When it comes to changing human behavior, one thing is for sure: if a celebrity backs it, the chances of people actually listening and taking action are that much higher. Just think about how many more people know about the realities of the elephant poaching crisis and climate change thanks to Leonardo DiCaprio’s work. Ricky Gervais is often commended for his outspoken views on topics like dog meat, the fur industry, and cruel tourism practices. And now, despite all of the terrible things happening to marine animals, whale lovers have something to celebrate: James Bond himself recently called for an end to senseless whale hunting in an op-ed for TIME!

That’s right, Pierce Brosnan, who played James Bond from 1995 to 2002, and his wife Keely Brosnan are doing everything they can to spread awareness about the plight of whales and the degradation of ocean habitat. The couple is avidly promoting the idea that our careless actions simply must be stopped if we are going to continue existing with these amazing creatures and surviving ourselves.

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First and foremost, Brosnan is using his status to share some critical statistics about the whale community to illustrate just how badly these animals need our help. If you know anything about whaling, you know that it’s a bloody and brutal business. As Brosnan relays, while there have been strides in the past towards saving whales, such as the moratorium on commercial whaling which went into effect 30 years ago, there is still a lot of work to be done. Despite strong opposition from millions of people around the world, Norway, Iceland, and Japan are still hunting whales at an alarming rate.

Just to give you an idea of how severe this problem is, let’s lay out some of the undeniable facts. Firstly, 16,000 whales have been murdered every year for the past 83 years for a whopping total of 1,339,232 whales. Since 1986, over 25,000 whales have been murdered legally by Japan for “scientific research” (despite the fact that no data is ever published by reputable science journals from this so-called research). International communities recently told the country to halt the barbaric practice after realizing their research claims were completely unfounded, but Japan literally defied international law by continuing to hunt whales. And this is just the tip of the iceberg when it comes to whale suffering since these awe-inspiring creatures are also dying off from marine debris, ship strikes, ocean acidification, climate change, and entanglement in fishing gear.

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While the fact that we are severely damaging our oceans should be enough to spur change, we can’t have a discussion about the whaling problem without talking about the victims themselves. Whales are incredibly intelligent animals. They have a unique method of communication, they are very empathetic, and the part of their brain that is responsible for emotions and memory formation is actually more complex than humans! When you take into account these facts, the whaling industry appears even more horrific. These animals deserve so much more than what we are doing to them.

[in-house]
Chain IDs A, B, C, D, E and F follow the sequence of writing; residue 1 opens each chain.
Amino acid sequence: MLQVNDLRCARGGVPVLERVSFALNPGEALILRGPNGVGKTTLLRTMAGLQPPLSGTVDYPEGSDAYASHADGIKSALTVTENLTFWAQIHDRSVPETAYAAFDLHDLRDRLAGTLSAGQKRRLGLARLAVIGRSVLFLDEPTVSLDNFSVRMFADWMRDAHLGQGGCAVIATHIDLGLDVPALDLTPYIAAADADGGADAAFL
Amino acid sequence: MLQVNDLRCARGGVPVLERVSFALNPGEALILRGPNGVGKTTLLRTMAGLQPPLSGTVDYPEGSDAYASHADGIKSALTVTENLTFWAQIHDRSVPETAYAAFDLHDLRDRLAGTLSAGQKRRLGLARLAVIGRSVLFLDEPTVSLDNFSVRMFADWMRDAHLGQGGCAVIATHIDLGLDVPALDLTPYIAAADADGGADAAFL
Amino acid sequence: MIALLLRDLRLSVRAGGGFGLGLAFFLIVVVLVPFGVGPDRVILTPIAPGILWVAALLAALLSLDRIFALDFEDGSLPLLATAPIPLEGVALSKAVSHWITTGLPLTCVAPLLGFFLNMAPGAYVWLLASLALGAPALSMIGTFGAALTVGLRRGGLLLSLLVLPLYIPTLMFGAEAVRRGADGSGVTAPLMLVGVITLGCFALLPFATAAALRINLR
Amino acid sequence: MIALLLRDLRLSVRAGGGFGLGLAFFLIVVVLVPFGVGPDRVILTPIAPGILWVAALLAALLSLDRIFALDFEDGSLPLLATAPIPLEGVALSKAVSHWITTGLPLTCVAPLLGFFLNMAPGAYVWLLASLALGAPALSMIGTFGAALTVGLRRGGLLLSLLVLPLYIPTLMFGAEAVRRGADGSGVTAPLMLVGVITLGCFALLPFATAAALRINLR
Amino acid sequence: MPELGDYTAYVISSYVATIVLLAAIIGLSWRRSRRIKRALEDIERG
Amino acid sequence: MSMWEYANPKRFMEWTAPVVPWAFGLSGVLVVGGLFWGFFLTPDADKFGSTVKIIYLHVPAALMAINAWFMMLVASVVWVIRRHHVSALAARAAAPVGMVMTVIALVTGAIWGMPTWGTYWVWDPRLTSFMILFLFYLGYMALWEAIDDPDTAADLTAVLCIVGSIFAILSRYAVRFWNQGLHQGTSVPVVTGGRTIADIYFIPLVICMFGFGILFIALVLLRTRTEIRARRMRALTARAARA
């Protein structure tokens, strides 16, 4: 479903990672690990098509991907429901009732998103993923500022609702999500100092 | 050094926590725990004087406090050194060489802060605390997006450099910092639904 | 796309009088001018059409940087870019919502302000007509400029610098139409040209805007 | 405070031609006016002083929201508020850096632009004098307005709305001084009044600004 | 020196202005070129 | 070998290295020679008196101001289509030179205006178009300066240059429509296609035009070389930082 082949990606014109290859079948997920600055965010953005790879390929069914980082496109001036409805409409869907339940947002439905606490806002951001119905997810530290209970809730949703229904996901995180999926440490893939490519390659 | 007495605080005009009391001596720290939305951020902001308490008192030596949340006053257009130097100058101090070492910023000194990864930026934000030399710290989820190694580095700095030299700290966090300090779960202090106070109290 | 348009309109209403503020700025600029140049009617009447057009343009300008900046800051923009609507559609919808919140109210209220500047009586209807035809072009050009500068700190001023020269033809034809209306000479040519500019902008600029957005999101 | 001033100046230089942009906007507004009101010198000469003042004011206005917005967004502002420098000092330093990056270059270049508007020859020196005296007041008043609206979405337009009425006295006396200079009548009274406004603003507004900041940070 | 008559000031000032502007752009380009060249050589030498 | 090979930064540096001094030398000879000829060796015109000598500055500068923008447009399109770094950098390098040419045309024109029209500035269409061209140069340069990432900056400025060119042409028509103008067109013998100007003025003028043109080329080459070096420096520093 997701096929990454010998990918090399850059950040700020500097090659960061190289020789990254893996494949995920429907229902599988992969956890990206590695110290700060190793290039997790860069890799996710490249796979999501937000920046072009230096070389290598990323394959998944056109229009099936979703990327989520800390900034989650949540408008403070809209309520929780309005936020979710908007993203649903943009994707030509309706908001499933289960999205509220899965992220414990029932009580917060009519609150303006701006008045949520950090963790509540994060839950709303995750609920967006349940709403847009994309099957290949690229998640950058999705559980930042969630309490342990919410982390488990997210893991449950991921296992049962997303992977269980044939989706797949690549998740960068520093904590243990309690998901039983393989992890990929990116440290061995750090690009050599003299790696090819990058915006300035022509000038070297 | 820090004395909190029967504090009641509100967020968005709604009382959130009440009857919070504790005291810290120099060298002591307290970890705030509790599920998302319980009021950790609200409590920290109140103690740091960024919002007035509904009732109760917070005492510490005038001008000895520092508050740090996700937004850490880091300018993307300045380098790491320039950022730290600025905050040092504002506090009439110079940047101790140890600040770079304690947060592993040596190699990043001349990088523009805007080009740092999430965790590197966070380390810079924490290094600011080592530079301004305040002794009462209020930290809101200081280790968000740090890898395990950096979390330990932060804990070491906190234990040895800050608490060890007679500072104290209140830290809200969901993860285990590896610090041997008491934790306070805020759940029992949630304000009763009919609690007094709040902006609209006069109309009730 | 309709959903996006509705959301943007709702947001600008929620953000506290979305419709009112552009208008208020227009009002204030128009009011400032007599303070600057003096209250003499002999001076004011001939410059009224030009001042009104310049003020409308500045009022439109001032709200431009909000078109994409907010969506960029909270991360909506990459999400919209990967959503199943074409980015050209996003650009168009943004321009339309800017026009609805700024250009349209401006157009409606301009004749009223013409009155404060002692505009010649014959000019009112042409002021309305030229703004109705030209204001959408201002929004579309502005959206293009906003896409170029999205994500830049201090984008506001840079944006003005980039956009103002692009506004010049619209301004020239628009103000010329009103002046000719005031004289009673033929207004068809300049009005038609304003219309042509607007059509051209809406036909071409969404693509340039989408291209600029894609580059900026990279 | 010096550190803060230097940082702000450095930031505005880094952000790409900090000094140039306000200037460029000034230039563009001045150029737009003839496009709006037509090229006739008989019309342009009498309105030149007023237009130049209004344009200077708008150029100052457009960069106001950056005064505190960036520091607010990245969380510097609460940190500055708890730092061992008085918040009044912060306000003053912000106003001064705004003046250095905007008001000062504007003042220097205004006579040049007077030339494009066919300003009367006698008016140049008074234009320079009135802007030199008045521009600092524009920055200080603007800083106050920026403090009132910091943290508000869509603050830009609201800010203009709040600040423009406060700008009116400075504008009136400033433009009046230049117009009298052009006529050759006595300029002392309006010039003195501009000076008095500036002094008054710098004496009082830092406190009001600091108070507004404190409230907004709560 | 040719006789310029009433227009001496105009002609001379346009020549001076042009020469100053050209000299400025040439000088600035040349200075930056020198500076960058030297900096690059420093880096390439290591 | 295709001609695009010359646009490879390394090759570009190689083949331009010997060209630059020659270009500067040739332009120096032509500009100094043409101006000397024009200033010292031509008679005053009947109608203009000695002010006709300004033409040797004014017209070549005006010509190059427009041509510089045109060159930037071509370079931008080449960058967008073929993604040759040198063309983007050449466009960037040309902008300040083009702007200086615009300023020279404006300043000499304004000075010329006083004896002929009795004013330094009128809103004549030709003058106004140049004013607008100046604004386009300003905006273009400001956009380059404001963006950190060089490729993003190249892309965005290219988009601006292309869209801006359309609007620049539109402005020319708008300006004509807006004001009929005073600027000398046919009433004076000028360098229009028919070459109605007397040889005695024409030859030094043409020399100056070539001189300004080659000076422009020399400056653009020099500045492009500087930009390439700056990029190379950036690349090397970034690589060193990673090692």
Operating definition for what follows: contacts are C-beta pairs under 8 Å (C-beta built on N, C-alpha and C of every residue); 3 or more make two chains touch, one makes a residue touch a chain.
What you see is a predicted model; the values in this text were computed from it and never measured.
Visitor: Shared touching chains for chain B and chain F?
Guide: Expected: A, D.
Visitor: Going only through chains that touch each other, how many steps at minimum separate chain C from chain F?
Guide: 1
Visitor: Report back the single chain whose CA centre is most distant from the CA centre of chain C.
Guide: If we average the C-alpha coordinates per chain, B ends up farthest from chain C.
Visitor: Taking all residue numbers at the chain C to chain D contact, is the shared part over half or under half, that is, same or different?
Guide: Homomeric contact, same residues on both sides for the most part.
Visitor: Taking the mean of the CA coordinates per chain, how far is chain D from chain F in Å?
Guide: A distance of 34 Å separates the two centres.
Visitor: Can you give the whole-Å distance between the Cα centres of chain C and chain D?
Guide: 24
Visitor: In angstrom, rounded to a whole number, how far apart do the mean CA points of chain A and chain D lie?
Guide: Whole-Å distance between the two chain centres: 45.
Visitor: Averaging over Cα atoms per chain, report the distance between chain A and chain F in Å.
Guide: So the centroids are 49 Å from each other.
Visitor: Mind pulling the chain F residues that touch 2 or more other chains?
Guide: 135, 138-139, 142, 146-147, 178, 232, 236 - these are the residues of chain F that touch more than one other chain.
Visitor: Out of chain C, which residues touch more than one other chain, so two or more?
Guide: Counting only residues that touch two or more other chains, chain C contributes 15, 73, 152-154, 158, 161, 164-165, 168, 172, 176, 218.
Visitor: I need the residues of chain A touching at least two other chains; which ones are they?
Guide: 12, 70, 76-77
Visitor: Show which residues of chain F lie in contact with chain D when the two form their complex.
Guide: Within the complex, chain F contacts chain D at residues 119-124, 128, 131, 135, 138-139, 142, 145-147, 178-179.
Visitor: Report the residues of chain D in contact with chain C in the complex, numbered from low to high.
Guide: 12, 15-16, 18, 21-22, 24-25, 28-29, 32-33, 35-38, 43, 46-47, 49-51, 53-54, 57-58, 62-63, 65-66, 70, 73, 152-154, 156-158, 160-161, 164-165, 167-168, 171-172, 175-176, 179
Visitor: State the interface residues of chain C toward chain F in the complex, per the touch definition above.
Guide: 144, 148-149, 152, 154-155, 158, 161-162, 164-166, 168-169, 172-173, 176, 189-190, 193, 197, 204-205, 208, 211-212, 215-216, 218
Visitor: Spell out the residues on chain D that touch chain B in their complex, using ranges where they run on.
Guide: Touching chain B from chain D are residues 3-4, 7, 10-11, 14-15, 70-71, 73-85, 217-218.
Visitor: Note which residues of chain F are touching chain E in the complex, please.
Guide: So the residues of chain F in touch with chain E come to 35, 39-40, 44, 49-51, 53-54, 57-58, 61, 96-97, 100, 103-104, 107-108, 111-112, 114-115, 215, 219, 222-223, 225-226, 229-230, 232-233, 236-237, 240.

The Brosnans’ call to action comes at an important time. This year marks the 70th anniversary of the International Whaling Commission (IWC), and the 30th anniversary of the moratorium on commercial whaling. The IWC will be conducting their biennial meeting in Slovenia this week, an event that Brosnan says should be used not only to highlight the achievements of the past but some of the major problems facing whales today.

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“We are all forces of nature — the catalysts and agents of change, the architects and engineers of a new tomorrow. We shape and create our reality every moment of every day, and like no species before we have the power to define our future,” shared Brosnan in an article for Time.

We completely agree! While most of us can’t attend the meeting, that doesn’t mean we can’t make changes in our own lives that will help whales in the long run. By lowering our fish consumption, choosing to only whale watch responsibly, and cutting plastic out of your life as much as possible, you are playing a vitally important part in making sure whales survive long enough for future generations to enjoy them as much as we have. To learn more about how you can help whales, click here.

Image source: Mark Von Holden/WireImage